Economic Affirmative Action and Race-Blind Policies

By Chatman, Steven P.; Smith, Kandis M. | College and University, Summer 2000 | Go to article overview
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Economic Affirmative Action and Race-Blind Policies


Chatman, Steven P., Smith, Kandis M., College and University


This article uses a variety of data sources to examine the extent to which economic disadvantagement explains race bias in admissions and college attendance patterns, then addresses the possibility of reaching racial diversity through economicallybased affirmative action. The first section presents evidence to support reconsidering the validity of admissions measures. Some admissions measures will be shown to exhibit racial bias and race-blind policies do not mean that racially biased measures can be used to determine college admission. The underlying cause of bias will be shown to be economic disadvantage. Second, in spite of phenomenal growth in financial aid programs, statewide attendance patterns will show that financial barriers to attendance exist even among public colleges. Students do not necessarily attend the most selective school that would accept them and their attendance suggests that economic resources play heavily in the decision. The third section reports the results of attempts to produce racial diversity by adjustments to offset students' social and economic circumstances. The technique produced a more racially diverse student body than would be the case using economically neutral race-- blind policies.

The development, evolution, and current status of racial affirmative action programs will not be reviewed for two reasons. First, there are several excellent reviews available (Heffernan and Bazluke 1996; Preer 1981; Friedl 1999). Second, racial affirmative action policies have been fairly ineffective. After more than 20 years of affirmative action, minority graduates have declined as a percentage of the minority population in general (Astone and Nunez-Wormack 1990). From 1976 to 1988 the number of 18- to 24-year-old African-Americans increased by nearly 8 percent; the proportion going to college decreased by about 5 percent. So while the number attending college increased over this period, the number not attending increased even more (Astone and Nunez-Wormack 1990).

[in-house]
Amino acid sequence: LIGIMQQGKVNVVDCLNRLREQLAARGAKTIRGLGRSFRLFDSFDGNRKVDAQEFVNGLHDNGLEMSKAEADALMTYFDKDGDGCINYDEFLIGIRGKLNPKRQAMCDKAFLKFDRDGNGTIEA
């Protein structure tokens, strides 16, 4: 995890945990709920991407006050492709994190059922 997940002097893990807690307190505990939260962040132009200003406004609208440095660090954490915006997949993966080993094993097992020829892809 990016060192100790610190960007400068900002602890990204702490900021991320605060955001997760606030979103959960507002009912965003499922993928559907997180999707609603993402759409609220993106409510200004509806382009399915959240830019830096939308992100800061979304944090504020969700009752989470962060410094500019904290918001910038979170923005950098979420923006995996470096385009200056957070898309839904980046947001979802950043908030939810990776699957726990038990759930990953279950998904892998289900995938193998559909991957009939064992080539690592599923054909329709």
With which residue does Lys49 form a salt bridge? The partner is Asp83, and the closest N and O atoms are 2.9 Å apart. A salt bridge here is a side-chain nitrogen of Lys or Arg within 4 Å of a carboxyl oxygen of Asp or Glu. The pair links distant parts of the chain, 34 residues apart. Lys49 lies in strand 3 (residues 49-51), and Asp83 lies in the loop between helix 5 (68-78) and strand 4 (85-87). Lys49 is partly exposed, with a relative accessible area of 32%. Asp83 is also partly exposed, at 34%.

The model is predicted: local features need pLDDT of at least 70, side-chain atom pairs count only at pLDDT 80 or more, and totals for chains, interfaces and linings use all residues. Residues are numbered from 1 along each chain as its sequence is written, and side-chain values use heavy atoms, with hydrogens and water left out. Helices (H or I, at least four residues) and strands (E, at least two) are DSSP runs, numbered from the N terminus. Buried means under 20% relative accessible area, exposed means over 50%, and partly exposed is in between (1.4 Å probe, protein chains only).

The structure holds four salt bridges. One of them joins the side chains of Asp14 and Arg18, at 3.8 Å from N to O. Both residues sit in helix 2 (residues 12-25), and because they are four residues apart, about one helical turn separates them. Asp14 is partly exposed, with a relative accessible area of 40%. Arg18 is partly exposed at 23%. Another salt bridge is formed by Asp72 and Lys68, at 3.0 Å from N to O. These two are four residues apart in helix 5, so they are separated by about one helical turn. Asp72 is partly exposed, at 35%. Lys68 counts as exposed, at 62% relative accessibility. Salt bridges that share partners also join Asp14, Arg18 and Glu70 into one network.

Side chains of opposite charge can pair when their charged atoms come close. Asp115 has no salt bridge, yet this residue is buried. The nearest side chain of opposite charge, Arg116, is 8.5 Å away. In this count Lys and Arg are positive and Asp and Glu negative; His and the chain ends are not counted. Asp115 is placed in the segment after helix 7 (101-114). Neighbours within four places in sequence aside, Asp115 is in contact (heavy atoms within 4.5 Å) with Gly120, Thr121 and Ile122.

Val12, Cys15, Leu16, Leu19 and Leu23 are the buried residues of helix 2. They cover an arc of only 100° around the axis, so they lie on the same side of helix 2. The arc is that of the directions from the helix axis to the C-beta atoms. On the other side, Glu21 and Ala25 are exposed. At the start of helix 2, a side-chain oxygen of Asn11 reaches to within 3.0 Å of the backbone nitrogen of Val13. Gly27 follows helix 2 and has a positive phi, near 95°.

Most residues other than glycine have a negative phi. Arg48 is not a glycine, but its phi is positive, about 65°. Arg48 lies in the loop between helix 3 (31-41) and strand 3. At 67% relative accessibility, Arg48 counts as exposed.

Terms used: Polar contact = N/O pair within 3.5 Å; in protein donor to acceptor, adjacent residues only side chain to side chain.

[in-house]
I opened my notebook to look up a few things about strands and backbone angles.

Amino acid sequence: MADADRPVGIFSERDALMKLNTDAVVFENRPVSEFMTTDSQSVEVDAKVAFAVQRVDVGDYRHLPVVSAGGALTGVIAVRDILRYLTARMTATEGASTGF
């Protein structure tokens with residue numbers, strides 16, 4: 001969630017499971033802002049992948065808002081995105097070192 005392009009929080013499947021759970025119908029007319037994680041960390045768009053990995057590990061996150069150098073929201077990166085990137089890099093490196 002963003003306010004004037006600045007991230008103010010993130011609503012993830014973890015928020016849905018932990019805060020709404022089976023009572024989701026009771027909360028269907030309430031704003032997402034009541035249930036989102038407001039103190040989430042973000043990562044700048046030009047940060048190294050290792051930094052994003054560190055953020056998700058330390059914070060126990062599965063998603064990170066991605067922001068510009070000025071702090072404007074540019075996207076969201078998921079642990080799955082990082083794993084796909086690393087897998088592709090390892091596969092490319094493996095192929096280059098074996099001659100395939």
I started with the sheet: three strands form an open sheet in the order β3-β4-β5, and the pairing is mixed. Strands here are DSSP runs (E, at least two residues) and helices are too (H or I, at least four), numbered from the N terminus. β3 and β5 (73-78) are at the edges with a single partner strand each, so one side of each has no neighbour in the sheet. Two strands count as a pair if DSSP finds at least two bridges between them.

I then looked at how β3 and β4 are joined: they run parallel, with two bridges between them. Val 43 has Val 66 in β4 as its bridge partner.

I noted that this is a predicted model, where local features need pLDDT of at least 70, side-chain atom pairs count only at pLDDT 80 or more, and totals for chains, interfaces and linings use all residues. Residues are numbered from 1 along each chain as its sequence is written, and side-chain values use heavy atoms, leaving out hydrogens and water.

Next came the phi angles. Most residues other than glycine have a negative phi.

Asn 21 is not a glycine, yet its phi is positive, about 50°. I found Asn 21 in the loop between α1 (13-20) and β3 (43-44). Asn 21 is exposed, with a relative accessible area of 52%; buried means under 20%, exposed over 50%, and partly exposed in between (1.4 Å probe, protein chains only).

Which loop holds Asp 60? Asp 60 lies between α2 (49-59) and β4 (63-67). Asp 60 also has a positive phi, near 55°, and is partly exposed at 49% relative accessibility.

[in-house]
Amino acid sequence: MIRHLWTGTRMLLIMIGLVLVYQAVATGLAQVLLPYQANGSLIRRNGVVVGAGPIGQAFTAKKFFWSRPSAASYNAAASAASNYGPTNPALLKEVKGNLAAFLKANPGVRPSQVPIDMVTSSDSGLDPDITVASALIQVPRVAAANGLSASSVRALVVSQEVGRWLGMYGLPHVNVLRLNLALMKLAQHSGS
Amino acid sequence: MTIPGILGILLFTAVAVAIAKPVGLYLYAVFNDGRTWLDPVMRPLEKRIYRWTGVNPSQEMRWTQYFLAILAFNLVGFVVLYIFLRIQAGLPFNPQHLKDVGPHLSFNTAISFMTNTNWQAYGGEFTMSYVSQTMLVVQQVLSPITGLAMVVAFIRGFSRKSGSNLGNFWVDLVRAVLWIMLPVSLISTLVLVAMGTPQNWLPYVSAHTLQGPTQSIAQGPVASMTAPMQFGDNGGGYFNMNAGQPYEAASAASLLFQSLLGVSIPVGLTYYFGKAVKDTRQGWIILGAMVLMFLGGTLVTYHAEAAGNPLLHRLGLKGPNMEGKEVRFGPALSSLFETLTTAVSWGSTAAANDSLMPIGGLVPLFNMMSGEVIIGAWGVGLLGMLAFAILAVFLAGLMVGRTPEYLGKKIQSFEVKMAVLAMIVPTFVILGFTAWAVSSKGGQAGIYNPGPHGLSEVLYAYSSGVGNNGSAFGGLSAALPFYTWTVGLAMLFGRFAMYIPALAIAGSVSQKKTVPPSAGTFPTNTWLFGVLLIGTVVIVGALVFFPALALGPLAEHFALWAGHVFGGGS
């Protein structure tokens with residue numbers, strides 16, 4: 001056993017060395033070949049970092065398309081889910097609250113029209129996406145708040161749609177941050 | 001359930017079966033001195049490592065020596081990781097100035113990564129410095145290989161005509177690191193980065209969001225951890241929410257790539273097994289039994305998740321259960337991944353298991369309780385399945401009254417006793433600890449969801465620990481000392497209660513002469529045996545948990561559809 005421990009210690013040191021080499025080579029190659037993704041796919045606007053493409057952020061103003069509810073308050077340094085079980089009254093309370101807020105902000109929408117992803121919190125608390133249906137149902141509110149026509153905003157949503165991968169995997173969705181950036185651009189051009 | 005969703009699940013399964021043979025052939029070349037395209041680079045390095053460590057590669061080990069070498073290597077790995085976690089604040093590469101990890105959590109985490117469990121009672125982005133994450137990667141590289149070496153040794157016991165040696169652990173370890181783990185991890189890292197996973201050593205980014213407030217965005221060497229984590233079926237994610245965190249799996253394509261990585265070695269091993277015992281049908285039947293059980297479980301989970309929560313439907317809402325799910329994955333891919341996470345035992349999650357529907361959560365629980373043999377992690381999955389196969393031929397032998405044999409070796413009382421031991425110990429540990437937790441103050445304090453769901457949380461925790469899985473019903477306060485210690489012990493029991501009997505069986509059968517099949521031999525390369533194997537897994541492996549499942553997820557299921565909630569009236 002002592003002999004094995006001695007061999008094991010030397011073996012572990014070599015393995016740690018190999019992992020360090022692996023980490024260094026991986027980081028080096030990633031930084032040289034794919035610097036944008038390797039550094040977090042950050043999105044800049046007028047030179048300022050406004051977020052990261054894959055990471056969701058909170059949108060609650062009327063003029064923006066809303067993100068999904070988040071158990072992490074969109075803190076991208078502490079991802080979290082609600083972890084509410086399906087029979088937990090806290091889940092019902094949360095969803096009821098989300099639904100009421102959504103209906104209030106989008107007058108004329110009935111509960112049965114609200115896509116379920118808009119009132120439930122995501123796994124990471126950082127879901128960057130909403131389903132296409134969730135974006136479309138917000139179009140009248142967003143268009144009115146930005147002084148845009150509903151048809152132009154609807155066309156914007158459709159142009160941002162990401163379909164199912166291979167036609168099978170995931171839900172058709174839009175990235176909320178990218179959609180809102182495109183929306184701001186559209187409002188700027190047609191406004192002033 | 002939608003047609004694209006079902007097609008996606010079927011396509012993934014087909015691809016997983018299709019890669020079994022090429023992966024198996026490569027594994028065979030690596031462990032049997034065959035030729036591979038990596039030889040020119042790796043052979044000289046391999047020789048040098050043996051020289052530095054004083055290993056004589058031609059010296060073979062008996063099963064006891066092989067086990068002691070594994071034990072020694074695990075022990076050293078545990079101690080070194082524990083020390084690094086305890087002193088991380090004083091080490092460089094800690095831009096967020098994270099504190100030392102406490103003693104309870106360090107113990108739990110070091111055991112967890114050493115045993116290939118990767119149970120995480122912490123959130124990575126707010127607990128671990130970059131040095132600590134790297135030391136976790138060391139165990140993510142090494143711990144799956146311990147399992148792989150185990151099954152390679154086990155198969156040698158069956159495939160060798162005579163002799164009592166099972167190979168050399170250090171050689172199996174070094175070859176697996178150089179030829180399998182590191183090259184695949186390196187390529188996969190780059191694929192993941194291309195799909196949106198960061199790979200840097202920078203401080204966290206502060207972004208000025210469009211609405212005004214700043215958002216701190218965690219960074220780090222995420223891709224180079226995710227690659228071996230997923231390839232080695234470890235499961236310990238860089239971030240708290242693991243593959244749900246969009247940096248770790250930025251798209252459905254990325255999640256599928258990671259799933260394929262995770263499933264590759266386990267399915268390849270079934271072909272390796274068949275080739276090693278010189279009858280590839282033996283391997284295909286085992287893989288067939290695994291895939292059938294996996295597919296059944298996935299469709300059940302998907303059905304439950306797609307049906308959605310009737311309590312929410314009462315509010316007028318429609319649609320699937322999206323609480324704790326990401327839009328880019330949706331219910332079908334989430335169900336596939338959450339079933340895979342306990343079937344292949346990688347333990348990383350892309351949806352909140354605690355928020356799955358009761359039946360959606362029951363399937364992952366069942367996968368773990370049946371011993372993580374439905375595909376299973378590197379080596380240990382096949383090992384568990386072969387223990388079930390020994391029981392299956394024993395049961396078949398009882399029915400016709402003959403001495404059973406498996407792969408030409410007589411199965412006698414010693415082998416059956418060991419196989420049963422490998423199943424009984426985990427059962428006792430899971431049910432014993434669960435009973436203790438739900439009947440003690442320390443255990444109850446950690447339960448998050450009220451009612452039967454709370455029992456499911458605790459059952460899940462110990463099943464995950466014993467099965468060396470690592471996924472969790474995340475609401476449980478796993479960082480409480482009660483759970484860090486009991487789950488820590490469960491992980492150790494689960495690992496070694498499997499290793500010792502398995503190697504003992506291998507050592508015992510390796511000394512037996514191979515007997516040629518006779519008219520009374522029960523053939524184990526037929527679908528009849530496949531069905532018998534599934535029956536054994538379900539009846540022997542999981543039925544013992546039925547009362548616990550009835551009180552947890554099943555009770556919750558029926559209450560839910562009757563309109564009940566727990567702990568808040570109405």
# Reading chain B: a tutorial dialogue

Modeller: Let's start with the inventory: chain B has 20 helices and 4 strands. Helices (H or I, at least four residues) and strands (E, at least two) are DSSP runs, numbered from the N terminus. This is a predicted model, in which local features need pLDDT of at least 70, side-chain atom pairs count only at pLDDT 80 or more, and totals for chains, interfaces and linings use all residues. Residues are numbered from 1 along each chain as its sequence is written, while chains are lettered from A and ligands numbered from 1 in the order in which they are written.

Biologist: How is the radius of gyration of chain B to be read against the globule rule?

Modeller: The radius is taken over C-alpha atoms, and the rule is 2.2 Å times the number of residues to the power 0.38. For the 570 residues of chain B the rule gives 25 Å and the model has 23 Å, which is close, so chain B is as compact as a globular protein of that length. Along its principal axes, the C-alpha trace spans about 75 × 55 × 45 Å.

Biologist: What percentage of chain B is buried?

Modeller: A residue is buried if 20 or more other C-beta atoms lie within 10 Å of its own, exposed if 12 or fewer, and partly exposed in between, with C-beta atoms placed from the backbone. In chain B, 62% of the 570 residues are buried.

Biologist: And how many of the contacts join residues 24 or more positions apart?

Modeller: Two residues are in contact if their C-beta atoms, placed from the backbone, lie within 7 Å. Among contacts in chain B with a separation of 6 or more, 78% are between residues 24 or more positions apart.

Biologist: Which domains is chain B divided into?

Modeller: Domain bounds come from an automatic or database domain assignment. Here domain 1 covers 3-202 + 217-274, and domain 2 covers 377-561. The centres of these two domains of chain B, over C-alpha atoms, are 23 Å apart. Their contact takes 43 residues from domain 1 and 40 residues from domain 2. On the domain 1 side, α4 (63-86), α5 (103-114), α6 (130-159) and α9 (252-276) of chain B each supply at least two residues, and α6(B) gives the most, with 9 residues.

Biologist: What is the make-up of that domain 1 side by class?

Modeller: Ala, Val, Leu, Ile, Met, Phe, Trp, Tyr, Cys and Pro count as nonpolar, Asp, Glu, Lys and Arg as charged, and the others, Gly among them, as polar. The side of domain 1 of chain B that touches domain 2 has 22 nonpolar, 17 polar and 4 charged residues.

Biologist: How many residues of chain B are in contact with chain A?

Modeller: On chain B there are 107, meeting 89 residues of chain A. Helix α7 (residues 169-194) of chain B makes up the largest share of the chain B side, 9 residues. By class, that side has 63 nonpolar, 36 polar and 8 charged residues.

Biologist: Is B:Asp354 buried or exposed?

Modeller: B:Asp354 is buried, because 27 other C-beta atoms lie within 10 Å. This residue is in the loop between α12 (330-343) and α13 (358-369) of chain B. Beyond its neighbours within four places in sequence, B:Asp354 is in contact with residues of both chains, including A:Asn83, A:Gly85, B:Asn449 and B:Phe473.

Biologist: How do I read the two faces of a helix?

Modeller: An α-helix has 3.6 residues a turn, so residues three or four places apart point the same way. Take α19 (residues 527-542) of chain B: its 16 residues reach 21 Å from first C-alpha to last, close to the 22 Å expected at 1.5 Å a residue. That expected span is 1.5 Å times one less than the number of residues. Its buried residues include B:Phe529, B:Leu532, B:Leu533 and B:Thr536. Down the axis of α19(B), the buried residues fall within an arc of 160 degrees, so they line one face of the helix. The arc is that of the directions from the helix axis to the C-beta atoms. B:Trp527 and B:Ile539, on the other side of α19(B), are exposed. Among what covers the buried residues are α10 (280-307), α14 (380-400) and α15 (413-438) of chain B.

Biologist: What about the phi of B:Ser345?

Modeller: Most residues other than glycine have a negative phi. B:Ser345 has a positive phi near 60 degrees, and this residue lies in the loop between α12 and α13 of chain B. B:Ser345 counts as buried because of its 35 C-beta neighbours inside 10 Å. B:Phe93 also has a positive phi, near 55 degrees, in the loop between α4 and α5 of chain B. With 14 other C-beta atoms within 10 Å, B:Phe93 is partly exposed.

Why has affirmative action been ineffective? One reason may be that it became myopically focused on superficial student characteristics and forgot that its original mission was to help people overcome the economic circumstances that were the legacy of racial discrimination and legal segregation. It was the consequence of these circumstances that affirmative action was to offset, but evaluating success became a strictly enumerative determination of racial composition. Maybe affirmative action would be attacked with less zeal if it focused on economic disadvantagement and worked to alleviate barriers to attendance faced by all poor students, whether minority or not (Fuller and McNamara 1978).

Would an economically-based affirmative action policy yield a racially diverse campus? Alexander Astin (1978) struggled with the question over two decades ago. Astin tried to create admissions policies that would yield the proportional racial distributions then required by law without directly considering race. His effort was founded on the principle that public support for special minority programs was largely support for helping people overcome the social, economic, and educational handicaps of discrimination. He noted that public resistance increased as special policies emphasized race rather than social and economic disadvantage. Using a disadvantagement index computed from the sum of standardized scores on parental education and income, Astin compared the minority composition of eight alternative admissions strategies. Those strategies varied by selection-ratio used, measures included, and weights assigned. When applied to the applicant pool, models that incorporated test scores, either singularly or in combination with other measures, produced the least representative freshman class. Class grades were less of a problem and a strategy that equally weighted grades and disadvantagement yielded nearly proportional representation. In sum, Astin was able to produce accepted applicant groups of nearly any racial composition by varying the admissions measures and weights assigned.

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